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Morphology in perch affects habitat specific feeding efficiency
Umeå University, Faculty of Science and Technology, Ecology and Environmental Science.
2004 (English)In: Functional Ecology, ISSN 0269-8463, Vol. 18, no 4, 503-510 p.Article in journal (Refereed) Published
Abstract [en]
  • 1. Trophic polymorphism is a common phenomenon in many species. Trade-offs in foraging efficiency on different resources are thought to be a primary cause of such polymorphism.

  • 2.To test for a trade-off in foraging efficiency perch (Perca fluviatilis L.) were used from a population that differs in morphology between the littoral and pelagic habitat of a lake. Indoor aquarium experiments were performed with three different prey types in two different environments. It was predicted that the morphology of the individual would affect foraging efficiency in the different environments and on the different prey types through search and attack behaviour.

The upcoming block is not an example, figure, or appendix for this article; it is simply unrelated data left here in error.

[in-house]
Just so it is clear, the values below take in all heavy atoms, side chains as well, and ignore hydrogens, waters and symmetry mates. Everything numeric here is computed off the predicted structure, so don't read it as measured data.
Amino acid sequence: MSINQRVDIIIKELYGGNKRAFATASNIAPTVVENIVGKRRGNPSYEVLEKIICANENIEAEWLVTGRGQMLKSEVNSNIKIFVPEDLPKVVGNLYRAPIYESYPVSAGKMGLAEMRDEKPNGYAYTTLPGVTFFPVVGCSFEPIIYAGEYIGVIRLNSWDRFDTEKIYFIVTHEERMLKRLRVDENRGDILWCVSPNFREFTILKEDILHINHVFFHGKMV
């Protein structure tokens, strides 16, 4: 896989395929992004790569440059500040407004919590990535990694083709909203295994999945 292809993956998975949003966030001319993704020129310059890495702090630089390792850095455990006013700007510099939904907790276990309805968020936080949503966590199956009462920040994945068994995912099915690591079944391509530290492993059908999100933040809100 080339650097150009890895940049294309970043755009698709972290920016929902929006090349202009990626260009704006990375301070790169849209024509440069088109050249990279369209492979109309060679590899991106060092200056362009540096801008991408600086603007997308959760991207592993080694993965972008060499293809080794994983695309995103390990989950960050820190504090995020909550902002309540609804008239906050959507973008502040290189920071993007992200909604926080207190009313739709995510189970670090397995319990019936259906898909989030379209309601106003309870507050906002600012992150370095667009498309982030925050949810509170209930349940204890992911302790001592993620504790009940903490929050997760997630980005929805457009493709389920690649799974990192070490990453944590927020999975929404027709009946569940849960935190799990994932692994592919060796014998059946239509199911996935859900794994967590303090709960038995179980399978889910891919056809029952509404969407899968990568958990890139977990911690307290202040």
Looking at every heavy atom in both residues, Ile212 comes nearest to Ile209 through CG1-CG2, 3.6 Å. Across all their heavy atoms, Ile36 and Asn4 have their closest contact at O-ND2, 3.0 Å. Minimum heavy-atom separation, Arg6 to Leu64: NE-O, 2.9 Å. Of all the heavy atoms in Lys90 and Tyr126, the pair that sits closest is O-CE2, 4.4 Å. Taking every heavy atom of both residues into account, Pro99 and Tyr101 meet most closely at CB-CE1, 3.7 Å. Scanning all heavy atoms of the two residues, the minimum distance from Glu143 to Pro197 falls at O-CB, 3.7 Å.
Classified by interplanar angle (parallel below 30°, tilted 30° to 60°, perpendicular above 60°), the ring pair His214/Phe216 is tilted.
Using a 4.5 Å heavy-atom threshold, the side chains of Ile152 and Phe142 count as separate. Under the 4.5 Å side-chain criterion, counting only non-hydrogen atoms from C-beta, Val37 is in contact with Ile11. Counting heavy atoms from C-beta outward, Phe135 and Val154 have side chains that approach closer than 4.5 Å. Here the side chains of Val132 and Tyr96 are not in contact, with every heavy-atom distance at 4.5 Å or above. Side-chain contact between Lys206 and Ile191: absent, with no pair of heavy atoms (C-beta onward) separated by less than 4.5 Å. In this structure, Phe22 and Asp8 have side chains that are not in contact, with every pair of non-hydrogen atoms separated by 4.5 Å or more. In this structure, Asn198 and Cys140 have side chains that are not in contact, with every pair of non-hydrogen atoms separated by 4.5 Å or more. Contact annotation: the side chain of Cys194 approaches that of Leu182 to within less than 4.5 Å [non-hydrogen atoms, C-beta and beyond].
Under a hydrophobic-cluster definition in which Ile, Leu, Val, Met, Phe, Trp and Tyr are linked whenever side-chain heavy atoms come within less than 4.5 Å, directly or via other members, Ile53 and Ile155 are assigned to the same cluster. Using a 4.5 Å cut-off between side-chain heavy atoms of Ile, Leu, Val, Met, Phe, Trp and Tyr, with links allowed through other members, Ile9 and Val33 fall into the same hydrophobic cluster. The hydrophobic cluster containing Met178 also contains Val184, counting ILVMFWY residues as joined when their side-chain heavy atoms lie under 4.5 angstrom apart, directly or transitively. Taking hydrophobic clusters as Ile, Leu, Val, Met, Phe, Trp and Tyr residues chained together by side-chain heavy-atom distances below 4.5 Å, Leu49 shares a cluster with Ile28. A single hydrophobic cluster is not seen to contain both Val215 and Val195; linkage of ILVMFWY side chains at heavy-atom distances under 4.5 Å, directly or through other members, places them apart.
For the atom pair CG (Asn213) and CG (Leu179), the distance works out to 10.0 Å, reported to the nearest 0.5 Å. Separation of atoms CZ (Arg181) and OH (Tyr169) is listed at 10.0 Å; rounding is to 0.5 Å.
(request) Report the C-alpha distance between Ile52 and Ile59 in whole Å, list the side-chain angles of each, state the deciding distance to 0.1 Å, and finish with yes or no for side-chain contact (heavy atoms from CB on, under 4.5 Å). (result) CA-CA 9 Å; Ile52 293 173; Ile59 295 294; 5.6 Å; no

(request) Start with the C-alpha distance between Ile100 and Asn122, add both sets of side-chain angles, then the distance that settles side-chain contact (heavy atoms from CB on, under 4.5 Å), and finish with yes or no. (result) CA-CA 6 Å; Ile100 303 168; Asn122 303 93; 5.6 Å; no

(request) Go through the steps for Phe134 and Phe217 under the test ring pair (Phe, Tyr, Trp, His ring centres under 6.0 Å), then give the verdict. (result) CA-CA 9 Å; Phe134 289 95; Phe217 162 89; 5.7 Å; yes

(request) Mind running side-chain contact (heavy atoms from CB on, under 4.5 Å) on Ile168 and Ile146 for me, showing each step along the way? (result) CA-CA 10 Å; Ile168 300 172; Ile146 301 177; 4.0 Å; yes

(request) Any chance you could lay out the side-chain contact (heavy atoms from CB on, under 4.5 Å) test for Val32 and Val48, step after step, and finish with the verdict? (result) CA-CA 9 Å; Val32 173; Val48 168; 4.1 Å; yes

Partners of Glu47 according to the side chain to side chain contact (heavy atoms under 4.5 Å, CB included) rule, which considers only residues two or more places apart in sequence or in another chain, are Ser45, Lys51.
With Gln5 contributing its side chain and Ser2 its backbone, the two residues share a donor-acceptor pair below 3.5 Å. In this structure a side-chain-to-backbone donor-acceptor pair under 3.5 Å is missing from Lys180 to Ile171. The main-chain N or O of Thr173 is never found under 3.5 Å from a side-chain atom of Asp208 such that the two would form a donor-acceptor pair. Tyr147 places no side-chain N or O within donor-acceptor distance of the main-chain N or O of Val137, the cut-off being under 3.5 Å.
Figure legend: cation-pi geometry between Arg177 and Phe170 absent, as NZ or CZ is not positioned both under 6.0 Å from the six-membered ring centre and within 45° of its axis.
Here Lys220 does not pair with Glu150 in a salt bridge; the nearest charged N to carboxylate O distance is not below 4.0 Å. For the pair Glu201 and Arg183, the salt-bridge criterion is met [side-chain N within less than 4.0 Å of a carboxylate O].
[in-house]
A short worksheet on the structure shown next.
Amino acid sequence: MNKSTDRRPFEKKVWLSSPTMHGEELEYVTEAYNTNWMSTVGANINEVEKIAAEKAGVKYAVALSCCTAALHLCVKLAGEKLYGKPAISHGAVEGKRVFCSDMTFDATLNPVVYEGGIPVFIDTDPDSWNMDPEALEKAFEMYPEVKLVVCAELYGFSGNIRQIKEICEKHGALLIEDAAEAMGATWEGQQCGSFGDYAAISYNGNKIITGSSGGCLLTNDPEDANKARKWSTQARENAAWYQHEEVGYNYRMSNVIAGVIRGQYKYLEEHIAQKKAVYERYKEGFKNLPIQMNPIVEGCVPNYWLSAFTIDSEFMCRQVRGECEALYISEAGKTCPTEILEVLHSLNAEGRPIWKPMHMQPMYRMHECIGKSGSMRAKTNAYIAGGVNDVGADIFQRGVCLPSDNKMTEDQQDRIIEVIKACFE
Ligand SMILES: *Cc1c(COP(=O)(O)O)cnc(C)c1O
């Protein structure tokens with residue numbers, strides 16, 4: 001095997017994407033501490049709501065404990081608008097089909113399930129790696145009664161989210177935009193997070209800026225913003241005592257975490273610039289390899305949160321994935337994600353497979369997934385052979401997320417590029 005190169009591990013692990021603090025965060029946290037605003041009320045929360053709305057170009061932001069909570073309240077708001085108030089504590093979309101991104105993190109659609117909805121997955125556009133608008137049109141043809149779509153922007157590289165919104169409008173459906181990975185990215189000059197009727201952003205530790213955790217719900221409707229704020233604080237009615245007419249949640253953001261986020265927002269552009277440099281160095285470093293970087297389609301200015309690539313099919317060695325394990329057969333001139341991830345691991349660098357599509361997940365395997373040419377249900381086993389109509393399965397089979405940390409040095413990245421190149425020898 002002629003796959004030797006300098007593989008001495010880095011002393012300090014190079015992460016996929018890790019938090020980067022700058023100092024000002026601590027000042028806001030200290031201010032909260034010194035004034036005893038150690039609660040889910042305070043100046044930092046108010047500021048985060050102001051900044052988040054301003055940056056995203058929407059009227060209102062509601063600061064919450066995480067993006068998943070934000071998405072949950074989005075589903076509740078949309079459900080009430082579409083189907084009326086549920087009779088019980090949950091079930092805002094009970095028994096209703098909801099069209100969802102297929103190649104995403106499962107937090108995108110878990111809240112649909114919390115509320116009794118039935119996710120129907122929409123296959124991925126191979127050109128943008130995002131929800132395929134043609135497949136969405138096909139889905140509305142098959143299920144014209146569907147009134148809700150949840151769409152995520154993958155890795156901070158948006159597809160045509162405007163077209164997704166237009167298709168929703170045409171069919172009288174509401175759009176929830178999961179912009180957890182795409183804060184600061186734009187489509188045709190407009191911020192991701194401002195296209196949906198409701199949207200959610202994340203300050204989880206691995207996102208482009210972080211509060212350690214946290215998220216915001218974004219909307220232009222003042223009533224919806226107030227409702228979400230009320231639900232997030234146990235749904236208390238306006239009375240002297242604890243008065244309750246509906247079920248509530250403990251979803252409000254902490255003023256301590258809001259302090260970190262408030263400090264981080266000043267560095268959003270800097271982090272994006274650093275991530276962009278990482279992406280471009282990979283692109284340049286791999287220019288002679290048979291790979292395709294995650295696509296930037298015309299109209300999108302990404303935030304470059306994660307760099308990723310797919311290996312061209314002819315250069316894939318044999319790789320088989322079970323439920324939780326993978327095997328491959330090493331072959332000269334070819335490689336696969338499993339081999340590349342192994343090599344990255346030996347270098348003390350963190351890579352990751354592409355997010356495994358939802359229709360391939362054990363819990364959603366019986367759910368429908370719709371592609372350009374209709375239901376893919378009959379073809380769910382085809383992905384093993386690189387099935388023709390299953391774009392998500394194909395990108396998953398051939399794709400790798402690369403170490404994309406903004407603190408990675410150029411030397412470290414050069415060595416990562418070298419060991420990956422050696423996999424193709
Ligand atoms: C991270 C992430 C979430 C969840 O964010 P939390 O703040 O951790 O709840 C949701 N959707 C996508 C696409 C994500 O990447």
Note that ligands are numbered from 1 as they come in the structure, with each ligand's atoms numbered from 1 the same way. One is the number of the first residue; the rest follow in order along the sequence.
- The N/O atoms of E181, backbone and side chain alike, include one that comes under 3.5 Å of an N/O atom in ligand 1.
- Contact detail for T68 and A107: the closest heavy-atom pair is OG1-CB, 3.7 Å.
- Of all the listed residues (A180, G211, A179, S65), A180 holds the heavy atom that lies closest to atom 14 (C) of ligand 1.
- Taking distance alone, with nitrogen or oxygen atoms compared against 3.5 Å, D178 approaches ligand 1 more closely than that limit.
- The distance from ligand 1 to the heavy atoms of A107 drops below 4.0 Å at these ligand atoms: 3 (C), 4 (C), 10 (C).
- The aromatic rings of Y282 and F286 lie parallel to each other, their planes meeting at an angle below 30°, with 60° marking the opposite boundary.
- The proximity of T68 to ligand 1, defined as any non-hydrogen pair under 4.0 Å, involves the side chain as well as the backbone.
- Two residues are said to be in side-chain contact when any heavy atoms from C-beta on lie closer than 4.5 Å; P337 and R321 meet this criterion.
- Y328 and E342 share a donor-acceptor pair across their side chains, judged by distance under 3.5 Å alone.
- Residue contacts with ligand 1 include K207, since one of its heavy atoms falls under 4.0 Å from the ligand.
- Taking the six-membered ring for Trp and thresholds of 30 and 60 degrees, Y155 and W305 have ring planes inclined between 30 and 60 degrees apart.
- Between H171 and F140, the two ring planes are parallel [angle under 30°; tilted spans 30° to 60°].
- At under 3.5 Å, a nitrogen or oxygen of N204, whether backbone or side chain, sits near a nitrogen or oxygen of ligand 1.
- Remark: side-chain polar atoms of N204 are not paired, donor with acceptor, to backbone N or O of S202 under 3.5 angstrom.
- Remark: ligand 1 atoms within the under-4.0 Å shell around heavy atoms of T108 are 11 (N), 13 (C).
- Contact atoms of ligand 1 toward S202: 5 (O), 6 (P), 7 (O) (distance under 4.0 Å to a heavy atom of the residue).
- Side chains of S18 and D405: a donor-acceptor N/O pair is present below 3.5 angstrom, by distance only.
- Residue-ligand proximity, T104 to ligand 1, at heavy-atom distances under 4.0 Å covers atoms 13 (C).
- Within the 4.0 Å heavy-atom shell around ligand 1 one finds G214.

• 3.Overall the foraging efficiency of perch was found to be related to individual morphology. A connection was also found between individual morphology and search and attack behaviour. Search behaviour but not attack behaviour was affected by the structure in the aquaria. Furthermore our results show that there are relations between search behaviour and detection rates and between attack behaviour and attack success.
  • 4.Our results give a mechanistic explanation for the differences in foraging efficiency between littoral and pelagic perch. These differences are probably driven by a functional trade-off between foraging performance and general body form.
Place, publisher, year, edition, pages
2004. Vol. 18, no 4, 503-510 p.
URN: urn:nbn:se:umu:diva-20231DOI: 10.1111/j.0269-8463.2004.00858.xOAI: diva2:208295
Available from: 2009-03-17 Created: 2009-03-17

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